32. 32. Fizz or Flop? Goucher’s Video “trivialization” of education in America
  33. 33. Fizz or Flop? Remember New Coke
  34. 34. Brand Authenticity The University of California released a statement Friday that it would cease use of a newly released logo following “a significant negative response by students, alumni and other members of our community.” Daniel M. Dooley, senior vice president for external relations at the University of California Office of the President, wrote that the response to the new logo had resulted in an unfortunate community controversy.
  35. 35. Communicating: The Tone Be transparent Human Honest Modest Informative Helpful Humorous (if possible) Non-defensive Authentic Credible Acknowledge mistakes Interactive Targeted and individualized Unified and integrated Personal and responsive
  36. 36. Communicating: Global Global – the ultimate connectivity Our marketing, our appeal, our platforms have to be consciously, intentionally GLOBAL and internationally connected You need to use communications to • Expand your reputation globally • Communicate and market your offering overseas • Support overseas ventures, campuses, programs and initiatives • Forge and sustain international institutional partnerships • Recruit international students • Create a global culture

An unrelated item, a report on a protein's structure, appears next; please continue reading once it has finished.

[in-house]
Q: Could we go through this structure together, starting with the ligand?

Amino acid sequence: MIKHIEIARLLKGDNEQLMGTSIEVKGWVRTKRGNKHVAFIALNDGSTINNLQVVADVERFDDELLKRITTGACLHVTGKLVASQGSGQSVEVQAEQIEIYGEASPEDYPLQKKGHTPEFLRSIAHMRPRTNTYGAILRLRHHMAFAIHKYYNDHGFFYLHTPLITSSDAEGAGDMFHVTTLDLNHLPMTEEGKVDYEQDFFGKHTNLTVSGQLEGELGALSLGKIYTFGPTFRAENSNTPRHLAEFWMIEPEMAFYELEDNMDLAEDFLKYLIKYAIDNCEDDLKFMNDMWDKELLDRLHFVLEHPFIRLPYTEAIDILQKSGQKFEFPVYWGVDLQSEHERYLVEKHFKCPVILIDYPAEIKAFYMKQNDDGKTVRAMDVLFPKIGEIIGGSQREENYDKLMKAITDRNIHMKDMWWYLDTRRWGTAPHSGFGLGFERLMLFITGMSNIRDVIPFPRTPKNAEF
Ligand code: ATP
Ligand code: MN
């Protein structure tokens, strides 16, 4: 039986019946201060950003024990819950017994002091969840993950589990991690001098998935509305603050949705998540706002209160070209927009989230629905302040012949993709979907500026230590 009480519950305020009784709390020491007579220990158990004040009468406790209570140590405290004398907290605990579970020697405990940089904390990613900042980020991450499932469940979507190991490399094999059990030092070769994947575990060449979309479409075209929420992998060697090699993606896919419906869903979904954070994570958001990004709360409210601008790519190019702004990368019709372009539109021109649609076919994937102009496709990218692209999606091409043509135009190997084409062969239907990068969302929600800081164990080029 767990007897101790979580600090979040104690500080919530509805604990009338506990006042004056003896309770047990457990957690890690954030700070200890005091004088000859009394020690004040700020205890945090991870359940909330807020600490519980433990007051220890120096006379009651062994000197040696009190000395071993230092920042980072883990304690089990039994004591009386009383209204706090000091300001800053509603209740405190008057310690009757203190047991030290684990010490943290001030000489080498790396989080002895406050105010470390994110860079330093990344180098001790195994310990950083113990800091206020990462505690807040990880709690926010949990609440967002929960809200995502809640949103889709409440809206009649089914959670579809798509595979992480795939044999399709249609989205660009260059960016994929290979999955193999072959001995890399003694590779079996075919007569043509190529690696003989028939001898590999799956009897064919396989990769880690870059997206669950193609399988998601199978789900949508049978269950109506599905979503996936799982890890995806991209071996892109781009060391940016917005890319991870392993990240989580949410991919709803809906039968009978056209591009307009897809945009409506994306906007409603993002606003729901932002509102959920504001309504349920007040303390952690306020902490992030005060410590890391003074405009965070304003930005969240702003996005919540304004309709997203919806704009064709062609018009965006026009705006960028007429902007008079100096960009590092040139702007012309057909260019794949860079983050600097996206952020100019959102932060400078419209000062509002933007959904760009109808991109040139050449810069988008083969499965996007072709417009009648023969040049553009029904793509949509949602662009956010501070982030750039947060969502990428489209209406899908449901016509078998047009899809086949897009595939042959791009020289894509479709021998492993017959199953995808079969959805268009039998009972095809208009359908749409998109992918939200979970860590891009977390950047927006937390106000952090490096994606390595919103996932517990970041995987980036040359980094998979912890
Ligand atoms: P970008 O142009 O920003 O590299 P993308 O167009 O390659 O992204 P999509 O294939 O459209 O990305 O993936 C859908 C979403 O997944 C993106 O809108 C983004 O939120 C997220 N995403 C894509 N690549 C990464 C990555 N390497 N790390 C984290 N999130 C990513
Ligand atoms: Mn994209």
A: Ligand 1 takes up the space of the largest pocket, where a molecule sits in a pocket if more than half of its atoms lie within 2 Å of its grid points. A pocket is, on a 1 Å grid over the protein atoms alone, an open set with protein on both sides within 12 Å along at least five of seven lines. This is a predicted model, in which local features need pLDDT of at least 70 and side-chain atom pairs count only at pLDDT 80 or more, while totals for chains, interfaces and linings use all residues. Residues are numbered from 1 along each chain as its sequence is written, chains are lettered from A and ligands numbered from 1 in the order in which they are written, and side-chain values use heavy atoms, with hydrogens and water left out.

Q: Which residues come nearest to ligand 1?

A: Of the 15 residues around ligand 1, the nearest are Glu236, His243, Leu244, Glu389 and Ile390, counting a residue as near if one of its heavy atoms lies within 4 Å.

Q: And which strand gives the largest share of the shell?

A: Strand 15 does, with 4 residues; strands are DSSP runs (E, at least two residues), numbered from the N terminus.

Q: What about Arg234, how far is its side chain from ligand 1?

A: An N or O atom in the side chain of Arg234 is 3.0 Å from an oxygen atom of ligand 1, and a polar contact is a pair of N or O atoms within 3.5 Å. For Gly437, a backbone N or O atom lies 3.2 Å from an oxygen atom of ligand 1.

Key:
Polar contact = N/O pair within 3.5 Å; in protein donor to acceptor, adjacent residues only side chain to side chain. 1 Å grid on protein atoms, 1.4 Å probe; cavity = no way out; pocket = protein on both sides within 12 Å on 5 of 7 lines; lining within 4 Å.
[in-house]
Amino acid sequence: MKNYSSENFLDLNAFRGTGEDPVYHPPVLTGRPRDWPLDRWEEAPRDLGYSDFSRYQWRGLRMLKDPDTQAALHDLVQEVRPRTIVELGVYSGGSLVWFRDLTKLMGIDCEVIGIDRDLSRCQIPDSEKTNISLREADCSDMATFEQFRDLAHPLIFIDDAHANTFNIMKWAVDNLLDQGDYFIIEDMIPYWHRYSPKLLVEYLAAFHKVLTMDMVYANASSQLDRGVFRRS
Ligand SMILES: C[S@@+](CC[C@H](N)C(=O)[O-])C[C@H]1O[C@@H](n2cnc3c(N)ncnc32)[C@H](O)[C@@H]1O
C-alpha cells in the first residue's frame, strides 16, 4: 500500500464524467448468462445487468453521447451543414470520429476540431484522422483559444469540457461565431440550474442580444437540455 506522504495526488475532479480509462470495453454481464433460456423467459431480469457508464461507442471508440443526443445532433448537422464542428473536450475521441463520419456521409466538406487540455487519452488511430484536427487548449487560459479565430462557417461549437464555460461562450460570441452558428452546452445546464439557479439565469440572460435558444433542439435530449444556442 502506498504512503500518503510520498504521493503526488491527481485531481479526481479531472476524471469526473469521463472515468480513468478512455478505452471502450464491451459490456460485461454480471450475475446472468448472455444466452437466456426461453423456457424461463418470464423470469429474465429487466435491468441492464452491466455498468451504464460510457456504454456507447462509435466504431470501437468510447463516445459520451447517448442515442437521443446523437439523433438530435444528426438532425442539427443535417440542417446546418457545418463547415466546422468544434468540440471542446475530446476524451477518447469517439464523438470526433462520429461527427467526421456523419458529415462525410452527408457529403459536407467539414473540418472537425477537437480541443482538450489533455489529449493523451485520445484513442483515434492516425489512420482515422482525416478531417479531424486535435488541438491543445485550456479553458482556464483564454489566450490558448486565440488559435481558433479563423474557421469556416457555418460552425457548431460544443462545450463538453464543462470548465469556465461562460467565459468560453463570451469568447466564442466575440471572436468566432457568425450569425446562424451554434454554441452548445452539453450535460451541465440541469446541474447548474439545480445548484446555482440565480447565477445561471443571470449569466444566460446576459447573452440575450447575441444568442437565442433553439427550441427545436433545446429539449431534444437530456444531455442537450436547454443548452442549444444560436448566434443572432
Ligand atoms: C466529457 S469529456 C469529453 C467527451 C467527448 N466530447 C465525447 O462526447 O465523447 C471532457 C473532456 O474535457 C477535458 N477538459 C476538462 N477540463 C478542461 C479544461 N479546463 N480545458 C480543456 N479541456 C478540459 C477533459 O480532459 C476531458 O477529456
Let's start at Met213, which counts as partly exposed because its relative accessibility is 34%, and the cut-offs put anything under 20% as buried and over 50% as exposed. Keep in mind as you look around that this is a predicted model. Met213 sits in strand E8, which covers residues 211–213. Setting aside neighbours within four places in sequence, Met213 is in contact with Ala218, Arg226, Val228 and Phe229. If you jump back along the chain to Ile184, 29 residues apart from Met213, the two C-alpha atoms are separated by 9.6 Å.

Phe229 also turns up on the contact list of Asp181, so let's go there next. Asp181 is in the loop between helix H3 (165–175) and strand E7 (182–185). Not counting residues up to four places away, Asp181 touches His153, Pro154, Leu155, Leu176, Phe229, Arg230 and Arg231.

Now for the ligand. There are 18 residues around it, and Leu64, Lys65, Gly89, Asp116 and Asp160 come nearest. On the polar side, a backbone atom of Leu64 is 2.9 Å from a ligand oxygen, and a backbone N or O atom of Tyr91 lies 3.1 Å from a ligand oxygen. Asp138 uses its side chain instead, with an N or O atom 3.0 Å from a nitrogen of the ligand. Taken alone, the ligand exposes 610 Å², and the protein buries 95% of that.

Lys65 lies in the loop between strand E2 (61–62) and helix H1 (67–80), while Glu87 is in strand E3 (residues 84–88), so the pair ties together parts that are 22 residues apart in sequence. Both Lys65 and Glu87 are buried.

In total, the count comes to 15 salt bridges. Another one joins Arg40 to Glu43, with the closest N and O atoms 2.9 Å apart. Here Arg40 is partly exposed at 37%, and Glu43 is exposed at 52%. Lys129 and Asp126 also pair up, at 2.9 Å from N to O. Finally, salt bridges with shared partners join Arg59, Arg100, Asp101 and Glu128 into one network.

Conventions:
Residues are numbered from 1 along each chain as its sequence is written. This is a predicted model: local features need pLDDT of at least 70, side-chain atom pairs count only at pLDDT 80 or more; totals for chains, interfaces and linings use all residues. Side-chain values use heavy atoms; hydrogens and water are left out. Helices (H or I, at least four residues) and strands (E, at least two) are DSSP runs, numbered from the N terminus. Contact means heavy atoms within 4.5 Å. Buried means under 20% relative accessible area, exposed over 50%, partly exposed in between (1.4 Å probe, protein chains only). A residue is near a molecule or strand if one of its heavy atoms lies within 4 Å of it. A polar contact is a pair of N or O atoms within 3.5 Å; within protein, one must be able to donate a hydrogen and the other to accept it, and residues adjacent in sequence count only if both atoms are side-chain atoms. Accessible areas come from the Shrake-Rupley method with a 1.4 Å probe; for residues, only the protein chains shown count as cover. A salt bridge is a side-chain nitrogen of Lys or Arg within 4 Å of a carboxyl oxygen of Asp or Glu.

37. 37. Communicating Convergence Universities are now centers for building connections – Partnerships, Relationships and Networks Business schools have to be entrepreneurial and innovative. • They have to incorporate creativity: previously the province of the arts. Technology infuses everything; it has escaped from engineering. International permeates every sphere; not just in International relations Communications must acknowledge convergence – forge a uniting identity. The new architecture of communications – design thinking Now accepting ideas. Now accepting innovation. Now accepting applications. Xxx University, Class of 2018. Your scores don't define you. Your ideas do. Your scores don't define you. Your ideas do. You are more than a transcript. You are more than an SAT score. Show us who you really are. You are more than a transcript. You are more than an SAT score. Show us who you really are.
  38. 38. The Connected University • Unique • Unified • Intentional • Interactive • International • Convergence – the Connected University Universities establish relevance and exert influence through the connections they make
  39. 39. The transformational agenda… …can also bring all kinds of risks
  40. 40. Thank you
  41. 41. 41 Our Global Network 2,400 employees, 125 offices in 81 markets 90+ years in the communications industry 60% of client engagements multi-market 7 year average tenure 850+ industry awards in among our top 150 clients over 10 years staff speak 65 languages
  42. 42. Current Clients